Emma Crossman case: Friend was 'like a child'

Amelia Caller and Emma Crossman Image copyright Facebook
Image caption The jury was told that Amelia Caller (left) saw Emma Crossman (right) as her only friend

The sister of a woman on trial for assisting the suicide of her best friend told a jury her sibling was "more like a child than a 21-year-old".

Amelia Caller, who is now 22 and from Great Hale, Lincolnshire, is accused of buying gas that her friend, Emma Crossman, used to take her own life.

Fiona Caller told Lincoln Crown Court her sister was bullied as a teenager and Miss Crossman was her only friend.

The jury also heard Miss Crossman knew how to "manipulate" Miss Caller.

Emma Crossman, who was 21, was found dead at her home in Sleaford in January 2014.

Miss Caller bought the gas that Miss Crossman used to kill herself but did not think her friend would take her own life, the court was told.

Fiona Caller said Miss Crossman's expressions of wanting to die were "a continuous thing."

Image copyright Emma Crossman
Image caption Emma Crossman died at her home in Sleaford, Lincolnshire last year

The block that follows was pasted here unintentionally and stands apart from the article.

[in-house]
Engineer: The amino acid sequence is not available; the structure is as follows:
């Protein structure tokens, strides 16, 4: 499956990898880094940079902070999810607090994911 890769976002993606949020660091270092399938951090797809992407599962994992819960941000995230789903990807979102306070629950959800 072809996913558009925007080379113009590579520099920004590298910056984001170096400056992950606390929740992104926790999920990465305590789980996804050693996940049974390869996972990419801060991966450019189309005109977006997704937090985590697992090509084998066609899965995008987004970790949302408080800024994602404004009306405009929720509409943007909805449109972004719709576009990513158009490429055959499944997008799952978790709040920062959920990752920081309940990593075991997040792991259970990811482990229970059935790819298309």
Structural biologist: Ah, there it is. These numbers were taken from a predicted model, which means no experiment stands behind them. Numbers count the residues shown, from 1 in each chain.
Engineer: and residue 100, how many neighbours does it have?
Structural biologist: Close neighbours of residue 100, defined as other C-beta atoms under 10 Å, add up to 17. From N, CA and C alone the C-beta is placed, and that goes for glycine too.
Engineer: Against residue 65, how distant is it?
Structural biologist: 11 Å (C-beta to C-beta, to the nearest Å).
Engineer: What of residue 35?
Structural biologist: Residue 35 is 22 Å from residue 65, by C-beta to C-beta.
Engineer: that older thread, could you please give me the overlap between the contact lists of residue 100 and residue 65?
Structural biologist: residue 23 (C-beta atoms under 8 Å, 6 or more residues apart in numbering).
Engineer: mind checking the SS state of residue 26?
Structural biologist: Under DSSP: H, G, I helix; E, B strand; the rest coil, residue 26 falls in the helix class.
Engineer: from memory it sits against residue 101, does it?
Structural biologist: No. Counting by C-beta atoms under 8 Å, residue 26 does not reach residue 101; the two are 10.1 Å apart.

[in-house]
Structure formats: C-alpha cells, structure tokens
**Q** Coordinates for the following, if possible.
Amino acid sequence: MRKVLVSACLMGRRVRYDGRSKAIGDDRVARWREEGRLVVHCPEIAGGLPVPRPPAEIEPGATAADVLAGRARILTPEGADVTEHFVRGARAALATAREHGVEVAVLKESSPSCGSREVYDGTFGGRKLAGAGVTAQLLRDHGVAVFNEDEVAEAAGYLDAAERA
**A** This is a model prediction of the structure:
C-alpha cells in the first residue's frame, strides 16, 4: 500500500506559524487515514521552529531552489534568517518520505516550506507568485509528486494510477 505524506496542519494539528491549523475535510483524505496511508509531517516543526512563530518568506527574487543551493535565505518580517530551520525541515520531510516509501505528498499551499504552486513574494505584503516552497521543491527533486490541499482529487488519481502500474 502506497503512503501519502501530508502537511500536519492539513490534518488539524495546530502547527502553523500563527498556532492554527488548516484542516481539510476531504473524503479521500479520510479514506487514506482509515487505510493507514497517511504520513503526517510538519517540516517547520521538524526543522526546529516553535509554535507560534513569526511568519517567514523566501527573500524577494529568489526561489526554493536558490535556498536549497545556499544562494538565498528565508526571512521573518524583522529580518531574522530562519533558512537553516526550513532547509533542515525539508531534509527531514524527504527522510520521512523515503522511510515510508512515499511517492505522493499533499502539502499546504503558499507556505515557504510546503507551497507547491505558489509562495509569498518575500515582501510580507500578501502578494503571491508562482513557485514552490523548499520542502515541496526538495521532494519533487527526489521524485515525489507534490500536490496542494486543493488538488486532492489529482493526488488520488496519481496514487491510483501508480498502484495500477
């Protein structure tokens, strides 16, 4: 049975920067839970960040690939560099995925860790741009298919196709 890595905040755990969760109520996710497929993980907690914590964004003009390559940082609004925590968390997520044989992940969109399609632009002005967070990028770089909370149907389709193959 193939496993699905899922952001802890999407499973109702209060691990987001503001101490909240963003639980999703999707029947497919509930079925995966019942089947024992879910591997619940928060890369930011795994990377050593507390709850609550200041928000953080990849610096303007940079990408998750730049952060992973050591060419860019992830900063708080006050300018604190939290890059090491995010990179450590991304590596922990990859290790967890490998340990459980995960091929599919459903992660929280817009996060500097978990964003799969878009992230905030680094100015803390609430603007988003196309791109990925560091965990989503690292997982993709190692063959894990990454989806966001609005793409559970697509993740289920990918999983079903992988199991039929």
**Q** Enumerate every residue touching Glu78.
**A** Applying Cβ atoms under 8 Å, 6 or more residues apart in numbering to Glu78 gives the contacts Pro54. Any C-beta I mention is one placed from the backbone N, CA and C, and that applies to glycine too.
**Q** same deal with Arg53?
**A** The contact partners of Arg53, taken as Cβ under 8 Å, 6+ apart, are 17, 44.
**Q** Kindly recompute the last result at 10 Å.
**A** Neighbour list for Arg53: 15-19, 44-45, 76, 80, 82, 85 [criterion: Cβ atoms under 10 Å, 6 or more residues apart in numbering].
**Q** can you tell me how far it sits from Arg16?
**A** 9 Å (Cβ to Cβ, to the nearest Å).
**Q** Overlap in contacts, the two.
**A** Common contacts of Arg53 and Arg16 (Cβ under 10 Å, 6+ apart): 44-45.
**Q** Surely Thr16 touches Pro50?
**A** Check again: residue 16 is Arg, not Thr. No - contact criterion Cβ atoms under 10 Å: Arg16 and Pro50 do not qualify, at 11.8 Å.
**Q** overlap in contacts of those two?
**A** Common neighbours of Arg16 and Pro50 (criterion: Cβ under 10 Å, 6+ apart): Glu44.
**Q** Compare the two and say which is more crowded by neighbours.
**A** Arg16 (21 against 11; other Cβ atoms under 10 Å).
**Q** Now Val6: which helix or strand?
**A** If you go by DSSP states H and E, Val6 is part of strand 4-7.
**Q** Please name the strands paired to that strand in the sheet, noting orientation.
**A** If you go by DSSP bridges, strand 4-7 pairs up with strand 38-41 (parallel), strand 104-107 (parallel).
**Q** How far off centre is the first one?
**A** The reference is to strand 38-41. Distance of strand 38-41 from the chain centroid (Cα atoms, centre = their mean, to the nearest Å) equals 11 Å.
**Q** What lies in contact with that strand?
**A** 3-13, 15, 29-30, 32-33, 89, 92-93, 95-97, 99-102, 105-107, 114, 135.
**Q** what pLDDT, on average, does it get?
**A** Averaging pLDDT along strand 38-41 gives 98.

Giving evidence, she said: "I don't think anyone believed she would actually go through with it."

Ms Caller told the court Miss Crossman knew how to "manipulate" and "get things" from her sister.

The defendant would give Miss Crossman money and buy her presents, the court heard.

"She saw Emma as her only friend. She cared about her a lot," Ms Caller said.

William Galen Ives, a psychologist called to give evidence by the defence, also told the court Miss Caller had a personality disorder.

He said she was timid, childlike and was someone who does what she is told.

Amelia Caller was also described as the quietest of six children, who left school at 16 and who had initially gone to college to train to work with children.

She had attended confidence-building sessions in Boston to help her find a job.

Miss Caller denies one count of encouraging or assisting a suicide.

The trial continues.

Image caption Amelia Caller told the court she did not think Miss Crossman would "go through with" taking her own life

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